Review and photos by Patrx, edited by Suspsy
Deinonychus is kind of a big deal. Its inescapably bird-like skeleton is part of what led paleontologists of the early 1970s to re-examine old ideas about the origin of birds, and the nature of dinosaurs as a group. Everything from dinosaur metabolism to their family dynamics and brainpower was up for reinterpretation. We call this revolution the “dinosaur renaissance,” and paleoart of Deinonychus helped bring these ideas to the public. Robert Bakker’s ’69 drawing of the animal in full sprint is iconic, and arguably the very first mass-produced feathered dinosaur figure was a reconstruction of Deinonychus. Jurassic Park brought Deinonychus to the masses under the name Velociraptor. Swift of mind and warm of blood, these cinematic stars were nothing short of inspiring for young dinosaur maniacs like me. But alas, this strong impression would prove to be a mixed blessing going forward. I started collecting dinosaurs in 2009, after a beautiful painting of a feathery Deinonychus by John Conway made me realize just how much things had changed—another revolution was underway. I immediately tried to find the most modern figure of the animal available, but discovered that Deinonychus was frozen in time once again. So, I waited. Maybe you did, too. Until today!
The new Deinonychus from Safari Ltd. measures approximately 22 cm in length, making it about 1:14 scale. Like a modern bird, its feathers give it an elegant silhouette, obscuring the reptilian body in a sleek “shell.” This immediately sets it apart from other feathered dromaeosaur toys, which generally look like old reconstructions with half-random feathers added on. The detail here is impressive, showing feathers of varying types and lengths. Shaggy feathers cover the legs, down to the raptorial feet. Shorter fuzz covers much of the face, and even the digits on the wings. This addresses a minor issue I took with Safari’s recent Velociraptor figure; maniraptoran hands were probably feathery, just like the rest of the wing. The longest remiges, or wing feathers, appear to appropriately connect to the middle digit of each hand. The wings themselves are folded neatly, with the hooked claws pointing inward. This degree of wing-folding is certainly plausible for Deinonychus, and, to my eye, looks much more natural than the dangling, extended posture more typical in figures like this.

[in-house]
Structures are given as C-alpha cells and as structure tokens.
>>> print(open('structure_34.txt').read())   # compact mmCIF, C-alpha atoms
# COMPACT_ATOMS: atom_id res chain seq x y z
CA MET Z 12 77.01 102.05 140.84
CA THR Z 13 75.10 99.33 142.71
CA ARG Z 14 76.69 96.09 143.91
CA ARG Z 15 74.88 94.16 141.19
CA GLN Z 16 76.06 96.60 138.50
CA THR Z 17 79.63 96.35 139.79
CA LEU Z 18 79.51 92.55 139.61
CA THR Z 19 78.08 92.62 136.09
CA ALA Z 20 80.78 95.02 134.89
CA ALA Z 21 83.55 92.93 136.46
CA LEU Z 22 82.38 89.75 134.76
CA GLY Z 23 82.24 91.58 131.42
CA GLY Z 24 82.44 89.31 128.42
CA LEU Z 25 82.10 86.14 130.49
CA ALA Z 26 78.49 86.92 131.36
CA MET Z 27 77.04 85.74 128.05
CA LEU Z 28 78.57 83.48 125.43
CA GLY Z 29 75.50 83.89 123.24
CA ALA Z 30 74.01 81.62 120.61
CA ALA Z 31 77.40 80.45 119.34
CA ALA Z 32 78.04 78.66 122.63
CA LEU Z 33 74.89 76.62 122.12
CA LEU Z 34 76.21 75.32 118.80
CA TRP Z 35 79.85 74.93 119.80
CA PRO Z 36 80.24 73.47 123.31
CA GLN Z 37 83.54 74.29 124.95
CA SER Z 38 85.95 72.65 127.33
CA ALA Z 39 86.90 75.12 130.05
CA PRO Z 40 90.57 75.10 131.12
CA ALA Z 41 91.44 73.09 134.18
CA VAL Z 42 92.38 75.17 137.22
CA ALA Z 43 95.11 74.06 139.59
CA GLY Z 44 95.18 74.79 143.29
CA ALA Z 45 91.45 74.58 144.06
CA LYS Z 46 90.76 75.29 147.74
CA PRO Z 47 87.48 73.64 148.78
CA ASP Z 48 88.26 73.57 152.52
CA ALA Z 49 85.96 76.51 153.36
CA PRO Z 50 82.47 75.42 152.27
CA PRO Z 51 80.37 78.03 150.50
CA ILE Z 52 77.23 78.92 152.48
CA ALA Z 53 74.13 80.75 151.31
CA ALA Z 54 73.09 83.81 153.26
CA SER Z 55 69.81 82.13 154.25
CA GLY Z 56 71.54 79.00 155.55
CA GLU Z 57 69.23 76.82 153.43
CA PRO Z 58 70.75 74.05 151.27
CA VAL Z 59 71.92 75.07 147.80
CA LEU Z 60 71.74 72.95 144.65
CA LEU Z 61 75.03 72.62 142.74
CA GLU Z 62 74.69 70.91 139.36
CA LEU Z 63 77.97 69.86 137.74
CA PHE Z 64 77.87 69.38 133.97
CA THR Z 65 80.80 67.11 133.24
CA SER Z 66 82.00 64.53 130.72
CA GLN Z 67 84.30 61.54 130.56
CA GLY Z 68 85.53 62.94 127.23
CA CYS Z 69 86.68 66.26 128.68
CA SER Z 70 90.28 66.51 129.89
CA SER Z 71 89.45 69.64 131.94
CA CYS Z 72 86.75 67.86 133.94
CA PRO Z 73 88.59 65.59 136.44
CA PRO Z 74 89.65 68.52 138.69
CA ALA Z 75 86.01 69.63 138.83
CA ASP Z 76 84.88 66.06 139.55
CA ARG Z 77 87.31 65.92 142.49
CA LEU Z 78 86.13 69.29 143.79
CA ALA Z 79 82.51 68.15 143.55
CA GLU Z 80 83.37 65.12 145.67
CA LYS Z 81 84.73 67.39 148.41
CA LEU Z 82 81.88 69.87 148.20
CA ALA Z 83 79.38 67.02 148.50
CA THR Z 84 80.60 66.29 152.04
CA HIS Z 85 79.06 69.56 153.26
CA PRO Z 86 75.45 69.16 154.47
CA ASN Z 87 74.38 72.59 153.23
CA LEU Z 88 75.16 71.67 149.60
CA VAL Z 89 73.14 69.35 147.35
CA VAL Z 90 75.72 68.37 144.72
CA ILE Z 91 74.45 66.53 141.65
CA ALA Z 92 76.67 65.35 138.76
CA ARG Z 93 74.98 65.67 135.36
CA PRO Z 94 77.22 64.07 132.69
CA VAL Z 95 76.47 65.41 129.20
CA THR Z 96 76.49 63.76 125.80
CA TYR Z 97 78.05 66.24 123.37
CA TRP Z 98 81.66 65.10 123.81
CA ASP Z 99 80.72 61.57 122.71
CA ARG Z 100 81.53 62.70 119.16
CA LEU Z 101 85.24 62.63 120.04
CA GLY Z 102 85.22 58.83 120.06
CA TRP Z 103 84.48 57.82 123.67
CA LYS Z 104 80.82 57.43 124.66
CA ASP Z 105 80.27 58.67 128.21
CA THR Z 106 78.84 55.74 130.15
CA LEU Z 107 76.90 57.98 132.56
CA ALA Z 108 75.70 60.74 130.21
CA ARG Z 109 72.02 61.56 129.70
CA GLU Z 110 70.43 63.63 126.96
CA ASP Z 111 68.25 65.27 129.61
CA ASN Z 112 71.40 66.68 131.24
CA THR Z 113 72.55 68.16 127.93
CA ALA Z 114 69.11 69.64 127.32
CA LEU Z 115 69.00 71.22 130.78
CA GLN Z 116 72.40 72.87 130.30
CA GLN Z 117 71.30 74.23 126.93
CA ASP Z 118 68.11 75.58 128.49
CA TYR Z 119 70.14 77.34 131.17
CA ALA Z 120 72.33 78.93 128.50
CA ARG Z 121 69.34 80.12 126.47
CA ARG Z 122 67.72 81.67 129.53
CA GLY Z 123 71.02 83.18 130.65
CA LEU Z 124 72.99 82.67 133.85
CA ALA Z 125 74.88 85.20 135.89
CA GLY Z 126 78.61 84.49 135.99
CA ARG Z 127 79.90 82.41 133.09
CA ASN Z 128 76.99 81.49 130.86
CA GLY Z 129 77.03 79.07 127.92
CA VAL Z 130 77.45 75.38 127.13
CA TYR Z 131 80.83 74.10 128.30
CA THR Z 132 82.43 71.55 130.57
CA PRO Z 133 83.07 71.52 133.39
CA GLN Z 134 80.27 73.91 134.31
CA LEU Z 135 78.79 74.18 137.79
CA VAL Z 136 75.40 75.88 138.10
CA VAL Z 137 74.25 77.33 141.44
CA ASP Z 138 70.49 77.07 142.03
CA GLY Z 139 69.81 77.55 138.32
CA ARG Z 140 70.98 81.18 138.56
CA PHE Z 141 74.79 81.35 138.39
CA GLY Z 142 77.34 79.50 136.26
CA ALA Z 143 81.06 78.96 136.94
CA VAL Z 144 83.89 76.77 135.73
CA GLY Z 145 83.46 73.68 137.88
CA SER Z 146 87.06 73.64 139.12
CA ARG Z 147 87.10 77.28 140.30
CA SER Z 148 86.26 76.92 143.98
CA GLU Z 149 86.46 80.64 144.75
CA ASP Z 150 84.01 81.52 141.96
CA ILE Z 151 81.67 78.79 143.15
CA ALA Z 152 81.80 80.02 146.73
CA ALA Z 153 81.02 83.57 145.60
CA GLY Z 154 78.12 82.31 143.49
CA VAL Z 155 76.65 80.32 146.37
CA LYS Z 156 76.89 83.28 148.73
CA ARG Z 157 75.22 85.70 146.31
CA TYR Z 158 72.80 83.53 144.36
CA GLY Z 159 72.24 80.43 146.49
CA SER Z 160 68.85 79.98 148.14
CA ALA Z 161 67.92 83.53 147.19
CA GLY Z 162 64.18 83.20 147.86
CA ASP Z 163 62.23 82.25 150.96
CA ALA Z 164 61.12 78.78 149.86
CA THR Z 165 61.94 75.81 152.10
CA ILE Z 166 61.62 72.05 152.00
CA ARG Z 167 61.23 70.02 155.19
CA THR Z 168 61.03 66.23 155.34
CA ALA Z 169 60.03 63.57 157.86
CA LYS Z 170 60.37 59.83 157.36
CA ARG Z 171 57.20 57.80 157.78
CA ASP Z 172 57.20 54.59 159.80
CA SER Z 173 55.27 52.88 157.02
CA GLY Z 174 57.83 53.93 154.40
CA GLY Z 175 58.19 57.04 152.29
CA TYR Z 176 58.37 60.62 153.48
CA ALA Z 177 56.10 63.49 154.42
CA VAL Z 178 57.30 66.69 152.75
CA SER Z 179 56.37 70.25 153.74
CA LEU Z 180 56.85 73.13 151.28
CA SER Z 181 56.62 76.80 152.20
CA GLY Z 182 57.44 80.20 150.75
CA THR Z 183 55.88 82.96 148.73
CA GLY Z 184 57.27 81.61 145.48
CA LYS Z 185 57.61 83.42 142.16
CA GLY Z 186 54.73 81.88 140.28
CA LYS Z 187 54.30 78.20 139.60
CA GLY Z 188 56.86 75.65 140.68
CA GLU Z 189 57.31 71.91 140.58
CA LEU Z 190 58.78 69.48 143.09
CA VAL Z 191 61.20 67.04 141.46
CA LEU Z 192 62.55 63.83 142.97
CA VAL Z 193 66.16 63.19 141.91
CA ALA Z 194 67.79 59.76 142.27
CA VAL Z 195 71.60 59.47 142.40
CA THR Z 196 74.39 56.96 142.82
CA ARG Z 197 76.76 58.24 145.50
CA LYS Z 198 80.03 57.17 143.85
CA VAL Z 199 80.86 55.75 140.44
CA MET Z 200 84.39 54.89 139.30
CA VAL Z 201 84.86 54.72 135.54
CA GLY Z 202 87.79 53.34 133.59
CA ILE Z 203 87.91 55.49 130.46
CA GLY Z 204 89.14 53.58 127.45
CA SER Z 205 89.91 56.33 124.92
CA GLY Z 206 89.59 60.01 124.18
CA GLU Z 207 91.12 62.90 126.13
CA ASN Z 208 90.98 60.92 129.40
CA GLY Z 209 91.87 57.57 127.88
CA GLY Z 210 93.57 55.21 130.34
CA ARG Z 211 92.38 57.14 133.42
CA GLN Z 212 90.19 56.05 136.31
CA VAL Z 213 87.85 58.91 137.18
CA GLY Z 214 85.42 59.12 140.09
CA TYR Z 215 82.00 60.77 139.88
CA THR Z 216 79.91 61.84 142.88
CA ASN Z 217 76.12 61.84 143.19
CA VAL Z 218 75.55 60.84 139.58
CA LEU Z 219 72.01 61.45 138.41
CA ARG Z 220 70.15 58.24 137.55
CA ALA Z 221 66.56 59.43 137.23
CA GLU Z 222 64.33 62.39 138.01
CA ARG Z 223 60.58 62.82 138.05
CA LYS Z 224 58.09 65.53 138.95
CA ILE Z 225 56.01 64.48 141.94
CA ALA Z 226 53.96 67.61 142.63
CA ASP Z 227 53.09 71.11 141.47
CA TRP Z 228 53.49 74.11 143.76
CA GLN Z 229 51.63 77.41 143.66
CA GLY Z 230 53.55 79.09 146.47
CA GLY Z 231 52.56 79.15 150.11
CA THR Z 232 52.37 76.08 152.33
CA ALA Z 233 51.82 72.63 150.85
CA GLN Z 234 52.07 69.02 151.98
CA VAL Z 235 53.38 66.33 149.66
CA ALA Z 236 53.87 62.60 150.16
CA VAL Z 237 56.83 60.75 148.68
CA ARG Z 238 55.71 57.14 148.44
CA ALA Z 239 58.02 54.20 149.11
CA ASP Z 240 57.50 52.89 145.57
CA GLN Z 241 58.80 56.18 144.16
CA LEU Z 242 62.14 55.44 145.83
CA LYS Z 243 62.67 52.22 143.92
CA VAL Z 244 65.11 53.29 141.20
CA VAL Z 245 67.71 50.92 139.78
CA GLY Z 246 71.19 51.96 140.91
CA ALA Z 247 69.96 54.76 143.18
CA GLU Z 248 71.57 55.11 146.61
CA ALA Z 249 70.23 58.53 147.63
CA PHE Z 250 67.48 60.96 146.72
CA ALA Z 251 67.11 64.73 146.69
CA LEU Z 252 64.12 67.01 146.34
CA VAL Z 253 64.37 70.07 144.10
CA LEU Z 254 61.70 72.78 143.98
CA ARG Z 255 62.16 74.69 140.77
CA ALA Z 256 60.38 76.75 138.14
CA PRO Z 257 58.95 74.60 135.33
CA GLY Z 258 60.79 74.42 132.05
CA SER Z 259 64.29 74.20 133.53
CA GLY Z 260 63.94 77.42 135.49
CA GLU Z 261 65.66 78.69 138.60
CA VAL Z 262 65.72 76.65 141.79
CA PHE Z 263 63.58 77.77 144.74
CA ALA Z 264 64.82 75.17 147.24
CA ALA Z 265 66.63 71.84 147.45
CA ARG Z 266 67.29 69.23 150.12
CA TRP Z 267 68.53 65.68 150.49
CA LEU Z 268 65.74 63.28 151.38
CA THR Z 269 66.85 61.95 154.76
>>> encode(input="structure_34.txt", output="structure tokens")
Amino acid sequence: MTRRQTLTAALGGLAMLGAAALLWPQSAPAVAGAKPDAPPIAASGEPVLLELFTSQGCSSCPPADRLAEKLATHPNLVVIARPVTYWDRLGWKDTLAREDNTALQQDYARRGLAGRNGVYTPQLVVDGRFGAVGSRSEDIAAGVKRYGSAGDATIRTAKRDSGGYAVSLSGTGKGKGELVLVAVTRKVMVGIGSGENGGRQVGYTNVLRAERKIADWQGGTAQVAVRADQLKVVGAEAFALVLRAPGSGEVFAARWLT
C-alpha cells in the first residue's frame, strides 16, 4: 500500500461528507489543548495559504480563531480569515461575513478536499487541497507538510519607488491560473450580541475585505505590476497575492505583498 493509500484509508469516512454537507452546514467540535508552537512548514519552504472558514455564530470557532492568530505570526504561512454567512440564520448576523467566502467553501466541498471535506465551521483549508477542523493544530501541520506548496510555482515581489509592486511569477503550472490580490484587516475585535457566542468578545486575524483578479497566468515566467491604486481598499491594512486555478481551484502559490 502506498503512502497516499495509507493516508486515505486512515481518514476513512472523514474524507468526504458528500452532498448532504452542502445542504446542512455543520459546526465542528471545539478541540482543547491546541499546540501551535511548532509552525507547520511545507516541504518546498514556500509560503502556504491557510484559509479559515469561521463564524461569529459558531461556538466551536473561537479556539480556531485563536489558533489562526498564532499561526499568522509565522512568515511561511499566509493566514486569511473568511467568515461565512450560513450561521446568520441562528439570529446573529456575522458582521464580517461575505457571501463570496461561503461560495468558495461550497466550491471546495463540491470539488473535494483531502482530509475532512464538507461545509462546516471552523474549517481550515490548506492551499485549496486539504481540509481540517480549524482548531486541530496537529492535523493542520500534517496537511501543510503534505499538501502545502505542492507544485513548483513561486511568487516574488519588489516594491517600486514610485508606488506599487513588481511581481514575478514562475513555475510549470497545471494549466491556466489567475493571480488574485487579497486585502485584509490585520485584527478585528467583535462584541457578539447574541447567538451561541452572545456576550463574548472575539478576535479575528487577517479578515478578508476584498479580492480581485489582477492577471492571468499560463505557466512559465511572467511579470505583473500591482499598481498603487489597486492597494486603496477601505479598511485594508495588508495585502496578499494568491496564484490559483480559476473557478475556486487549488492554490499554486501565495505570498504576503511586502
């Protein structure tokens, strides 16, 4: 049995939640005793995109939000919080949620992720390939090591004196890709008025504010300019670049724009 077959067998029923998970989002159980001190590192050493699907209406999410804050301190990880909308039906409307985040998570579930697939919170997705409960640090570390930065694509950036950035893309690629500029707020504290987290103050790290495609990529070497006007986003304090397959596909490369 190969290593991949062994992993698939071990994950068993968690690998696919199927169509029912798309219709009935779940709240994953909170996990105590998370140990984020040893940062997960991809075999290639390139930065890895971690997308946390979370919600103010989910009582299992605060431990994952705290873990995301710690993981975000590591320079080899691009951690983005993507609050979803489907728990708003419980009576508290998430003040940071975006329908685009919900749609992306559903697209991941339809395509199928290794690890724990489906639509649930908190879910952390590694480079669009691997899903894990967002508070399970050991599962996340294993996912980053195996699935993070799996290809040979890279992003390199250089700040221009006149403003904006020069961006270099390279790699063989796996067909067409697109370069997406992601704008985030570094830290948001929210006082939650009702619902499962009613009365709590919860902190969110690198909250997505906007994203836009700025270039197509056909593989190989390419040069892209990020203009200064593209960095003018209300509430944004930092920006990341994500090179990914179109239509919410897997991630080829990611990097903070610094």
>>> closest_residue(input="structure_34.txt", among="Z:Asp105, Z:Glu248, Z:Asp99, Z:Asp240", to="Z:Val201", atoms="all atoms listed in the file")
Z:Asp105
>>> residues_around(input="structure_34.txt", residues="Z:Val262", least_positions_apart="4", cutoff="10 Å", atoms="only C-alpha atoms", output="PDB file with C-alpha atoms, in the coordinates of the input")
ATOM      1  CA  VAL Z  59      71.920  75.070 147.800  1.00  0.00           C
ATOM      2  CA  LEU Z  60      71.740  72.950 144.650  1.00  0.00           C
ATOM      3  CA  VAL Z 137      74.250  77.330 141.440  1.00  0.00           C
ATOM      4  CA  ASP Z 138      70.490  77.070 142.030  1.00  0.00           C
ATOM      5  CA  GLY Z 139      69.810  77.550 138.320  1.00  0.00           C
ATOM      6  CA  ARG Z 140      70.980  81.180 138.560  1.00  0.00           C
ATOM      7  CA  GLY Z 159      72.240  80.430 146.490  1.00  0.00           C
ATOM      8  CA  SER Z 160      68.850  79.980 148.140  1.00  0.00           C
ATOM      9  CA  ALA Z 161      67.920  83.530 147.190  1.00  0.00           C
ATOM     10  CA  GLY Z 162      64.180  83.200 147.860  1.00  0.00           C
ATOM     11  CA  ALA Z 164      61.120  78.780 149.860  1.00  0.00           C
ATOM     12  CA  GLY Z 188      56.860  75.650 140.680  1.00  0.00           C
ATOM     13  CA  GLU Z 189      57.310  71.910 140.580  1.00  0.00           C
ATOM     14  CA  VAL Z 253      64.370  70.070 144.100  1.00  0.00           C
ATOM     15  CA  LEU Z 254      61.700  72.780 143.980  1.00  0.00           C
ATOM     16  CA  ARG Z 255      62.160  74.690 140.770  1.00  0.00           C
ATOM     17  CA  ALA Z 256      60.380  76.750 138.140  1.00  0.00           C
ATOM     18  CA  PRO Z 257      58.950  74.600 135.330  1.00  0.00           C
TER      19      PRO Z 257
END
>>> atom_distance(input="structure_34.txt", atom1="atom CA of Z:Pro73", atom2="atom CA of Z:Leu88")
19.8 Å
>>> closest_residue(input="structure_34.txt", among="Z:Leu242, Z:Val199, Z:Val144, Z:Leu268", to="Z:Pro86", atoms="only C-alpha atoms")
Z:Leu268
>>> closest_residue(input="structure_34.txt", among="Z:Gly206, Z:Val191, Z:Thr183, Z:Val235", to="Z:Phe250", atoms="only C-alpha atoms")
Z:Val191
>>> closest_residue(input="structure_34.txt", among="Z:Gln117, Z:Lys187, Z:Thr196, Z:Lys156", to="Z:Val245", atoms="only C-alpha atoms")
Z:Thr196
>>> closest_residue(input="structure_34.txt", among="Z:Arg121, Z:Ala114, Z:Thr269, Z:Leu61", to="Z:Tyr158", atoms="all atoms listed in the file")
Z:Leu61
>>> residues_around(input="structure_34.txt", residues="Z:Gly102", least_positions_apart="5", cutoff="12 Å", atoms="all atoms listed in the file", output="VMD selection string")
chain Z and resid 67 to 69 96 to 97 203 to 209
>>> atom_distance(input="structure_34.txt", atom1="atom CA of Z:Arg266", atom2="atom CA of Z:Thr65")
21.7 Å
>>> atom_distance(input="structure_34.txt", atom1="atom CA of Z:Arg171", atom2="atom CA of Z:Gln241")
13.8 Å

In fact, this figure’s pose is altogether splendid: alert, but calm. This Deinonychus is striding forward, with its head pointed just to the right. Its mouth is closed, with its teeth protected by “lips”—another improvement on the Velociraptor. The tail is arched gently downward so that the very end touches the ground. The toy balances in this way, but the effect is not so distracting as it is in most “tripod” figures, like many Carnegie theropods. The long rectrices, or tail feathers, seem to subtly weigh the tail down. If this dinosaur decided to run, one can easily imagine, the end of the tail would lift off the ground to provide counterbalance. The eumelanin, or dark pigmentation, illustrated on the ends of these rectrices would have made them a little more resistant to wear, as we see in many modern birds.
The rest of the coloration chosen here seems natural, too. Some inspiration, perhaps, from extant predatory birds, but not direct mimicry. Countershading in white and brown, some reddish pigment here and there, a black “mask” behind the eyes, and a few black bands bring the feathers to life, and the skin of the face and feet has a yellow-orange hue that’s kept from looking overly vibrant by the subtle use of a dark wash. The eyes on this piece really impress me. From early in-hand photos, I thought they might be separate pieces of translucent red plastic, but in fact, the effect is accomplished simply with a glossy red paint and very tidy black pupils.
Typically, I try to find something to add to my reviews that doesn’t read like overjoyed raving—a small nitpick, some minor matter of personal preference. After all, I want to keep things fair. But this one’s tough to complain about, folks. Even its claws, which Safari usually round out dramatically for safety reasons, are relatively sharp. My copy does have a bit of in-shipping damage in the form of slightly scuffed paint and a warped toe, but both of those are pretty easy fixes and not especially reflective of the figure itself.
Honestly, if you’ve an interest in dromaeosaurs, or even just the history of paleoart, I gotta recommend this piece one-hundred percent. Kudos to sculptor Doug Watson and the rest of the team at Safari Ltd!
This figure is available from Ebay.com here.